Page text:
Breeds in danger of extintion and biodiversity
Blasco, A.;
Revista Brasileira de Zootecnia , 2008, DOI: 10.1590/S1516-35982008001300012
Abstract: some arguments currently used to support breed conservation are examined. the central point is that we cannot conserve all breeds because we do not have financial resources enough to keep everything (mainly in developing countries) and in many cases we do not have special reasons to conserve breeds. a breed is a human product and it should not be confused with specie. a breed can be generated or transformed. we can create synthetic breeds with the best characteristics of several breeds. selection is not exhausting genetic variability (there are several experiments showing that), and genetic variability within breeds is large. we need reasons to keep breeds in danger in extinction. a breed is a tool, and we can decide to keep it when it is useful because it is specially adapted to some environments (although in this case it should not be in danger of extinction), it can be useful in crossbreeding to shorten the way of obtaining response to selection, or it has some extreme values for traits that may be useful in the future (in this case we have to define clearly which traits and how we expect the future to be). we can add cultural reasons when we have money enough to spend in culture.
ENVIRONMENTAL CRISIS: DANGER AND OPPORTUNITY  [cached]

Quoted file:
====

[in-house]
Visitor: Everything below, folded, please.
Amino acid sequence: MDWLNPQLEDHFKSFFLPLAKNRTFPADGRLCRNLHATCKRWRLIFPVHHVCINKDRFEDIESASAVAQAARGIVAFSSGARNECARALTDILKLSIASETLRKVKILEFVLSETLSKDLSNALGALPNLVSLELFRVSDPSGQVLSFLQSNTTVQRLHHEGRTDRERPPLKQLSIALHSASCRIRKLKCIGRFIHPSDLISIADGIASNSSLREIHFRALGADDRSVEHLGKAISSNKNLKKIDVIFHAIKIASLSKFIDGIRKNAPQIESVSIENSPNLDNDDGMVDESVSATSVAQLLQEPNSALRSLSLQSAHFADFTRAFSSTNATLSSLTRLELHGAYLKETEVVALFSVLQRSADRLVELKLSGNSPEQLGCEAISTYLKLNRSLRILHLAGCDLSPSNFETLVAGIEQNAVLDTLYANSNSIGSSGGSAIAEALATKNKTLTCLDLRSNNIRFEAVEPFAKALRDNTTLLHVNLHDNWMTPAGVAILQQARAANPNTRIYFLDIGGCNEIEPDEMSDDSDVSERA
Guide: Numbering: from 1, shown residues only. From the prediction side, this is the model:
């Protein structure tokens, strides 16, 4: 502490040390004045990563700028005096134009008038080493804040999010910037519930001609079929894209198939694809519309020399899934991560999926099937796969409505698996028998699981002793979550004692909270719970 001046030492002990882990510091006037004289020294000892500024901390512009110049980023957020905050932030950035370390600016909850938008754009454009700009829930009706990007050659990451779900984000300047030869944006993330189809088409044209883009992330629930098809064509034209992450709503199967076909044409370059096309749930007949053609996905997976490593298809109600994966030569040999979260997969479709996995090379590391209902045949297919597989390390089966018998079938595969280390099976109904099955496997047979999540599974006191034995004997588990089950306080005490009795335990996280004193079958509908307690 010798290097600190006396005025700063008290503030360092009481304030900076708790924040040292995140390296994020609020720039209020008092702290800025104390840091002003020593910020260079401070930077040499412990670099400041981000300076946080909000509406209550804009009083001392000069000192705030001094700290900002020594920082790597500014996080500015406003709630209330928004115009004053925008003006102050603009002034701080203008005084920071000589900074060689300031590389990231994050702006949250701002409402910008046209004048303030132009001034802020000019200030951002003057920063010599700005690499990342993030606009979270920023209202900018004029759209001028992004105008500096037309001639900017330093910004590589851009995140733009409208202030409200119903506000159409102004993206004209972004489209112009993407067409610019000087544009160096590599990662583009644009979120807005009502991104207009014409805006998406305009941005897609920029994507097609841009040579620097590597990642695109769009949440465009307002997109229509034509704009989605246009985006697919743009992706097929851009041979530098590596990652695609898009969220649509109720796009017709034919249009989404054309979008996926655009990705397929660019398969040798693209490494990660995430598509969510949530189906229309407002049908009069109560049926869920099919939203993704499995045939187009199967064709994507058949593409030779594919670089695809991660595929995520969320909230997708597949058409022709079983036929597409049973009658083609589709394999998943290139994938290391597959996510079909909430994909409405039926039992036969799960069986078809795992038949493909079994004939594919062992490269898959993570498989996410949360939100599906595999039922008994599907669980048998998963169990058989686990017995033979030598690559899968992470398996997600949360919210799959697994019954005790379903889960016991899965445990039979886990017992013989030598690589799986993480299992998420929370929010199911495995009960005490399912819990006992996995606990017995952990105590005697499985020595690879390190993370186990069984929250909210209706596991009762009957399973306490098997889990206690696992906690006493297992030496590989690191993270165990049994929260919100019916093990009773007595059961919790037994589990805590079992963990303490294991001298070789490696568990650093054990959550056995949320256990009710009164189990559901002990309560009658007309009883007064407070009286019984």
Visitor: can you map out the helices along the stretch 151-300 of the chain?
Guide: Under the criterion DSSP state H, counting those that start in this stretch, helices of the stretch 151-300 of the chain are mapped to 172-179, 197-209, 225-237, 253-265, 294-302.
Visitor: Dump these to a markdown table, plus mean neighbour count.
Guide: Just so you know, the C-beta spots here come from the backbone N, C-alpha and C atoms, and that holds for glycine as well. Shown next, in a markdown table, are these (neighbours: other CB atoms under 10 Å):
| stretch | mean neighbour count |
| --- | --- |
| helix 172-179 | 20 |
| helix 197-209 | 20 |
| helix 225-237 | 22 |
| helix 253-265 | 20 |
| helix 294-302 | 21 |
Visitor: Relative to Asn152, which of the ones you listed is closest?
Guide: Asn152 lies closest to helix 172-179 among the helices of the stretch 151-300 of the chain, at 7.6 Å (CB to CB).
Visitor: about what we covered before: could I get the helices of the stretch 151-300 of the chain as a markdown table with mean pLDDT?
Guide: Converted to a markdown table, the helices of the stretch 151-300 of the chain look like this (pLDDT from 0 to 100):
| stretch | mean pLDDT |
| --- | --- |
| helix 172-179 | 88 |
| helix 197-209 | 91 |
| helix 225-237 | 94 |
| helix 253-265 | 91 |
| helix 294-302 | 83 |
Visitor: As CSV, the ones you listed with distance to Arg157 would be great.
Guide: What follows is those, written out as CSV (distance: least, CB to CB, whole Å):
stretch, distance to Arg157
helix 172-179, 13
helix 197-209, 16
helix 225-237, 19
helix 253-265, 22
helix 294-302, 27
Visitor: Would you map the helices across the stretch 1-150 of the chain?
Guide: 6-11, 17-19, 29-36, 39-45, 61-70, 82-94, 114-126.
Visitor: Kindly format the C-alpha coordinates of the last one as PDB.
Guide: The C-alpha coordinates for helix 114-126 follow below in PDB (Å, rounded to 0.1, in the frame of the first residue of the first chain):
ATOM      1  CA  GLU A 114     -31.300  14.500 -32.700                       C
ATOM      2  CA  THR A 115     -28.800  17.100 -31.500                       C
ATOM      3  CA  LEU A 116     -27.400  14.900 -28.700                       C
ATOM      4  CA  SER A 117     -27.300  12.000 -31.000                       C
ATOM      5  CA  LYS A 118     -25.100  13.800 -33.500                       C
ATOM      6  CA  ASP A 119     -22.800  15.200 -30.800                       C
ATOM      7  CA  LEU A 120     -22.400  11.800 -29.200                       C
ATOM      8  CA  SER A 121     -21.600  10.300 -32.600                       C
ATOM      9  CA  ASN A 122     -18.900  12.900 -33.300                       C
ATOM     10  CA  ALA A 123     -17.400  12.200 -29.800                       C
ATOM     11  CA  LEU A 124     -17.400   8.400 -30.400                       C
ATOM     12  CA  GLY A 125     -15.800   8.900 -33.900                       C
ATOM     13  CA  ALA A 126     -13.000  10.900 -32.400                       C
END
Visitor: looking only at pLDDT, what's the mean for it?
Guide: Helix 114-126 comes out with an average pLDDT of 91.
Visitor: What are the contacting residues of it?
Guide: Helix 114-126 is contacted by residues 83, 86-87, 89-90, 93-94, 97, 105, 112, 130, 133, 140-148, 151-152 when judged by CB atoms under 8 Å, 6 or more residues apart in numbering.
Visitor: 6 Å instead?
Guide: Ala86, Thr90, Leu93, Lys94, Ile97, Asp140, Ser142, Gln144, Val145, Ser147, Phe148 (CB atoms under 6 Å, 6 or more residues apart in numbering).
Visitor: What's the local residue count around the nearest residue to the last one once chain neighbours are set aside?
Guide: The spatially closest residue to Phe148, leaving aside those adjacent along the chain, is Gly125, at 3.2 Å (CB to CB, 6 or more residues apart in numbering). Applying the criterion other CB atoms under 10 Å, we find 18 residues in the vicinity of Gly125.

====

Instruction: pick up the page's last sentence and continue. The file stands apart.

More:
Carolina Díaz Giraldo
Luna Azul , 2006,
Abstract: Two topics make up the central discussion of the present essay: the danger and opportunity of the environmental crisis. Intimately related, and yet contradictory notions, danger and opportunity are worthwhile subjects of reflection from a critical perspective, as well as from a propositional one; making it viable to motivate the discussion in regards to the interpretations of the environmental crisis in Colombia on the grounds of complex thought.
Method of Testing of Driver’s Response to Danger  [PDF]
Andrey A. Pesoshin,Valery V. Rozhentsov
European Researcher , 2012,
Abstract: The article considers the method of testing of driver’s response to danger. The average time of the response to danger, based on examination of a group of 10 driving school students is from 0.3 to 0.6 seconds.
A Discussion of Chinese Swaddling Culture  [PDF]
Xiaorong Liu, Yunyi Ma
Chinese Studies (ChnStd) , 2015, DOI: 10.4236/chnstd.2015.42011